[Kwan]’s Clock Displays Seconds, And Thirds

We have no idea if the background story is true or not, but we’re not going to let something like “truth” get in the way of a good story. The way [Kwan3217] tells it, first there were hours on sundials. Then when these were divided into sixty minute sections, they were called “minutes”. “Seconds” comes from a second division by sixty, into “second minutes”. The “third” division into sixty would give a time unit that lasts a sixtieth of a second.

[Kwan3217] built a clock that displays these third minutes. Weighing in at just a tiny bit over 16.6666 milliseconds each, the thirds’ hand is going to be spinning pretty fast, so he used LEDs. And if you’re going to display thirds, you’ve got to get them right, so he backs the clock up with GPS. There’s a full video playlist about it, and phenomenal detail in the project logs.

We really liked the implementation of the state machine that reads the GPS strings. [Kwan3217] leans heavily on a crash state that waits for the next dollar sign — marking the beginning of a GPS NMEA data block. Almost all of his functions that parse the GPS data stream know what kind of data they’re expecting next, and if they don’t get it, they crash out. So while it probably doesn’t really matter if his wall clock misses a GPS message, at least it’ll get back in line with the exact time soon after. Check the code out if you find yourself parsing GPS strings.

And did we mention the circular traces on the PCB? Or the lightpipes?

We’ve run a lot of posts about clocks, and none of them have displayed the thirds. With a GPS-disciplined microcontroller, getting even single milliseconds spot on is no problem. The issue is displaying them. So it’s no surprise that a lot of folks go the opposite direction, telling the time either approximately like the word clocks, artistically like this Berlin set-theory clock, or inscrutably like all the resistor-color clocks or bizarro binary clocks out there.

14 thoughts on “[Kwan]’s Clock Displays Seconds, And Thirds

  1. From the project:

    I went through a couple of iterations. The first design only used 7400 series logic, and kept time by watching the zero crossings on the 60Hz AC mains frequency. A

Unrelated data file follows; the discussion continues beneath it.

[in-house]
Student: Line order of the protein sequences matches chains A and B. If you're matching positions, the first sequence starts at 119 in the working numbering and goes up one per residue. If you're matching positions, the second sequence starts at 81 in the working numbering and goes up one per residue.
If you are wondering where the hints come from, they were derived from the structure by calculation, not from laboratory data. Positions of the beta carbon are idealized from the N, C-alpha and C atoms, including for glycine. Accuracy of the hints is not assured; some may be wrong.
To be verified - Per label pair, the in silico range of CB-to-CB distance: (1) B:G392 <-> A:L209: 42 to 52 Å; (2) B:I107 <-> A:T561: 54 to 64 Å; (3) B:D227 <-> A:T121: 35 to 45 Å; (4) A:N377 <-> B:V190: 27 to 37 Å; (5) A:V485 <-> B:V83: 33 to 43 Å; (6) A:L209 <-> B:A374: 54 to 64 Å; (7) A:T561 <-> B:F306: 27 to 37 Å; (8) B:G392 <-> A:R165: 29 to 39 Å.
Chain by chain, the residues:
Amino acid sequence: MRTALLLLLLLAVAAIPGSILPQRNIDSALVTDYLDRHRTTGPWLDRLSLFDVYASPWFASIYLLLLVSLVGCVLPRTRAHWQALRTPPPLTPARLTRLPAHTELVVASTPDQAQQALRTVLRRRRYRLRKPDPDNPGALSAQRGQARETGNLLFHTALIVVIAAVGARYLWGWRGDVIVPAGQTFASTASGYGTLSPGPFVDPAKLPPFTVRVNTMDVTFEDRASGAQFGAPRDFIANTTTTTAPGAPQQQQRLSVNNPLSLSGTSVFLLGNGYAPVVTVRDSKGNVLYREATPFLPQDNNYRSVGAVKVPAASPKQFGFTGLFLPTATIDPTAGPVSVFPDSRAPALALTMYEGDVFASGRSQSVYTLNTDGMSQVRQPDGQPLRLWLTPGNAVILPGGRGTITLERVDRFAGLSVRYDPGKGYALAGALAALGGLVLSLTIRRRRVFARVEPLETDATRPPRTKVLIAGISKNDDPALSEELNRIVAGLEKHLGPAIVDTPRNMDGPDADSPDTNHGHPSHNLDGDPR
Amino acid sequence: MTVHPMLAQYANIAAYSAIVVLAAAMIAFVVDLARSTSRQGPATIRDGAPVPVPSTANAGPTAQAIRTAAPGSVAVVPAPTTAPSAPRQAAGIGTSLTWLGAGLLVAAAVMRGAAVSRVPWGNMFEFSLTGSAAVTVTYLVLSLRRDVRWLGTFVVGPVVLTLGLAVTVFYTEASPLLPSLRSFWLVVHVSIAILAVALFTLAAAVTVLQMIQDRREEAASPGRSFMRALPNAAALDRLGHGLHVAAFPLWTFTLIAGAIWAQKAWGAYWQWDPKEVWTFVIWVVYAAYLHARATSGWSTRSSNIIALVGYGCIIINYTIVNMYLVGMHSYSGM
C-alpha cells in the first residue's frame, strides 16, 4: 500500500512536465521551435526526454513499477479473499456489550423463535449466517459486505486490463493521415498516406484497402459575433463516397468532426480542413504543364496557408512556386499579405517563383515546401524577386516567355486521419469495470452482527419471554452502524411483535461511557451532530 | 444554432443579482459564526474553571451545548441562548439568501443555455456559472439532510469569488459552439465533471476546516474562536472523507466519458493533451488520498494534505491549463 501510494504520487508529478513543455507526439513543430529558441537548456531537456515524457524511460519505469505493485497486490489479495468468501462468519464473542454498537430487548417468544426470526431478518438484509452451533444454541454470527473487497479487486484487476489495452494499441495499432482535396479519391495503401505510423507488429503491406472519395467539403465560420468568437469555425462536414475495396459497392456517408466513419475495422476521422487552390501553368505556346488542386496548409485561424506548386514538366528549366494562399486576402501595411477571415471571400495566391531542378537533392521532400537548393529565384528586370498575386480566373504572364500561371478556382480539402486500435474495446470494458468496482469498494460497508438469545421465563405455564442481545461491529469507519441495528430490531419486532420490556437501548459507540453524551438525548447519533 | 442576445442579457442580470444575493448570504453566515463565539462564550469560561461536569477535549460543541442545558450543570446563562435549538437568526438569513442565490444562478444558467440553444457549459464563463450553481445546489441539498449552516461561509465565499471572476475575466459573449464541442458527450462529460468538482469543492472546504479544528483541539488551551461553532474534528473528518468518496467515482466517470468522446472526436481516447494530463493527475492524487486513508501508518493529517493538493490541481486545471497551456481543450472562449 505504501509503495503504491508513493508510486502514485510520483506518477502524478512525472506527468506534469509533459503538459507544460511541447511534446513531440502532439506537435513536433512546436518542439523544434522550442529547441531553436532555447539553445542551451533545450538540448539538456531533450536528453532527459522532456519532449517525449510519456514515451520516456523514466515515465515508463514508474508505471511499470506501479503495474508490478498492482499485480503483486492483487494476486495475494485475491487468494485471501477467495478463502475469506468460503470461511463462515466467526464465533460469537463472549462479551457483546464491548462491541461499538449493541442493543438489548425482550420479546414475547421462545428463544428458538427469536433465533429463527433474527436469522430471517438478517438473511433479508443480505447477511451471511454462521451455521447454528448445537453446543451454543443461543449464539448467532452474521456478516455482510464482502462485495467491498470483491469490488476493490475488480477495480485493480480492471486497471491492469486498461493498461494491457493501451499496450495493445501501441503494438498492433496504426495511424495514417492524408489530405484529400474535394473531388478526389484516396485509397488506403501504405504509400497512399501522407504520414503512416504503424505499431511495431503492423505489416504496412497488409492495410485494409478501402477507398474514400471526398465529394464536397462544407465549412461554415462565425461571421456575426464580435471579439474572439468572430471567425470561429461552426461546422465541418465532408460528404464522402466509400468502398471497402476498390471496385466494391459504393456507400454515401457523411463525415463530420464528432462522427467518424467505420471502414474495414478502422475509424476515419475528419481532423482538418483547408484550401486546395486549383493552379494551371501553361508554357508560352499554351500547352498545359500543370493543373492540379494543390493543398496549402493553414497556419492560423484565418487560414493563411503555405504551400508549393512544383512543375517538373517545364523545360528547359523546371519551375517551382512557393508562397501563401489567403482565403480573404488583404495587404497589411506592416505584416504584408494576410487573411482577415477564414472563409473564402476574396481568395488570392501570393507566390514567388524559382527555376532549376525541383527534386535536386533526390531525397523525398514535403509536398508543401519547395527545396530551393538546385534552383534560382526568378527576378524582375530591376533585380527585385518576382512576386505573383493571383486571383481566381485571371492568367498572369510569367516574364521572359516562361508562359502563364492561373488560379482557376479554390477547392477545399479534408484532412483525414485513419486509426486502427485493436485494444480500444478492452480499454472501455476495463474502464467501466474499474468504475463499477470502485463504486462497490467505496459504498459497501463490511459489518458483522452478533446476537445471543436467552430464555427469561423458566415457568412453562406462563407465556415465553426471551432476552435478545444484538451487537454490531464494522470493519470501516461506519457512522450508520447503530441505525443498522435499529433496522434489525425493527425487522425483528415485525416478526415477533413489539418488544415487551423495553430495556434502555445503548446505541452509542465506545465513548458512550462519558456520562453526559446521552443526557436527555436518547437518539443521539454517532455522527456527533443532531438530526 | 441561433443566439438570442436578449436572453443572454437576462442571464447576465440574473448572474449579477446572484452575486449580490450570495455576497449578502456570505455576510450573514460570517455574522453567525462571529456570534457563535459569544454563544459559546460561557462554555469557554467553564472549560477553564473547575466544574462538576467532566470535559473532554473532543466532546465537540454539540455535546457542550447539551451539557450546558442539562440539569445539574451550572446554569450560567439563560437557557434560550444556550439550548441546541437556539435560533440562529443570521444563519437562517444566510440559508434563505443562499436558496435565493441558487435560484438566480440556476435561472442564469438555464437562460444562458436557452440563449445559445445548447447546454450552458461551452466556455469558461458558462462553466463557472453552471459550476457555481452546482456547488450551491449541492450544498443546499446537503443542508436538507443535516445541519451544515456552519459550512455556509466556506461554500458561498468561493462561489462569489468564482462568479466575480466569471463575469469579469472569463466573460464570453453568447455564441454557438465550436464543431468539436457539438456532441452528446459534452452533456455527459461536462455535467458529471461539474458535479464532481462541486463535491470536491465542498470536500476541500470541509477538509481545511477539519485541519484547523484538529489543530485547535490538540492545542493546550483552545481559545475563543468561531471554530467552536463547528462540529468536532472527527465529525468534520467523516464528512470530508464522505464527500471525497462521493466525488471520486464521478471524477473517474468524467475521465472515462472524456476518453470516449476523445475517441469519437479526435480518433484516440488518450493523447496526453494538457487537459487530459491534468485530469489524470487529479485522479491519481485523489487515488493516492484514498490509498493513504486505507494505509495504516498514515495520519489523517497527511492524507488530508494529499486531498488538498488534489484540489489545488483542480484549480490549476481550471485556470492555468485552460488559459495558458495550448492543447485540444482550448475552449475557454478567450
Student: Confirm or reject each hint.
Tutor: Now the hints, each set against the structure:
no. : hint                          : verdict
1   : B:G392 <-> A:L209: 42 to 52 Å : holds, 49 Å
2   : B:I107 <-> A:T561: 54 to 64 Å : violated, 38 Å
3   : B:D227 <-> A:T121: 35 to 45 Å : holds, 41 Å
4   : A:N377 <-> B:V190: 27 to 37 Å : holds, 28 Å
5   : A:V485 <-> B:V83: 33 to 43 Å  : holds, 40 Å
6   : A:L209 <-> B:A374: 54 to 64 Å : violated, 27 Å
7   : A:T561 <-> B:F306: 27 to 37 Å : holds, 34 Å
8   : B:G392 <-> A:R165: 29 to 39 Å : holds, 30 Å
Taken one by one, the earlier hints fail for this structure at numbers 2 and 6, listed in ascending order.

third in this case would simply then be one cycle of AC. This design worried me, as I was taught proper respect for high-voltage in electronics class, and anything higher than about 12V is high for me.

    Probably a good thing too, because the mains frequency can drift quite a bit. Worse if there’s a heavy consumer like a mine operating a drag line for example.

    1. Is it that bad in the US of A? Here in Germany the frequency is very accurate and they compensate errors by making it faster or slower throughout the day so that it averages within a few mHz which makes it perfect for clocks.

      1. Growing up in Sweden my family had an analog AC kitchen wall clock. It never drifted noticably from the quartz clock in the kitchen radio the only adjustments were for DST. It stopped when the power went out and you had to give it a push to start. That happened a handful times per decade. The clock looked like 70-80’s tech and I think it’s still running today.

    2. Mains frequency only drifts over the short time, quite badly too. Over a week it may be 20-30 seconds out. However it is a stable source for time keeping over the long term as companies adjust the frequency output to keep the total phase error to typically less than half a minute.

    3. We discussed this here many times. In the long run, clocks that use the mains frequency as a reference will run on time even though in the short run, frequencies may vary by plus or minus a Hertz or so (probably less).

      It’s really not that hard to extract a 50Hz or 60Hz reference signal from a power supply in a safe way, especially a linear (not switching) PSU. But GPS is more accurate (in the short run) and is more fun if you’re into writing software of course. I made one myself, here:


  2. Kind of a shame that the whole world basically uses tenths or hundredths for the next step down.

    Plus you might have to call them Third Minutes, until people mentally backtrack the contraction of Second Minutes to seconds.

      1. On (Mac) System 6 and 7, a tick was defined as a sixtieth of a second. I remember calling some time function in Pascal and getting the function value in units of tick. Why not call a “third minute” a “tick”? Annoyingly, some other OSes at the time (early 90s) defined a tick as a hundredth of a second.

        1. I pretty much consider a ‘tick’ to be 1 ms. A large number of embedded systems use 1 ms timers for general timekeeping, and they tend to call those ticks. Actually, now that I think about it Windows defines a tick as 1 ms as well (GetTickCount, GetTickCount64, etc).

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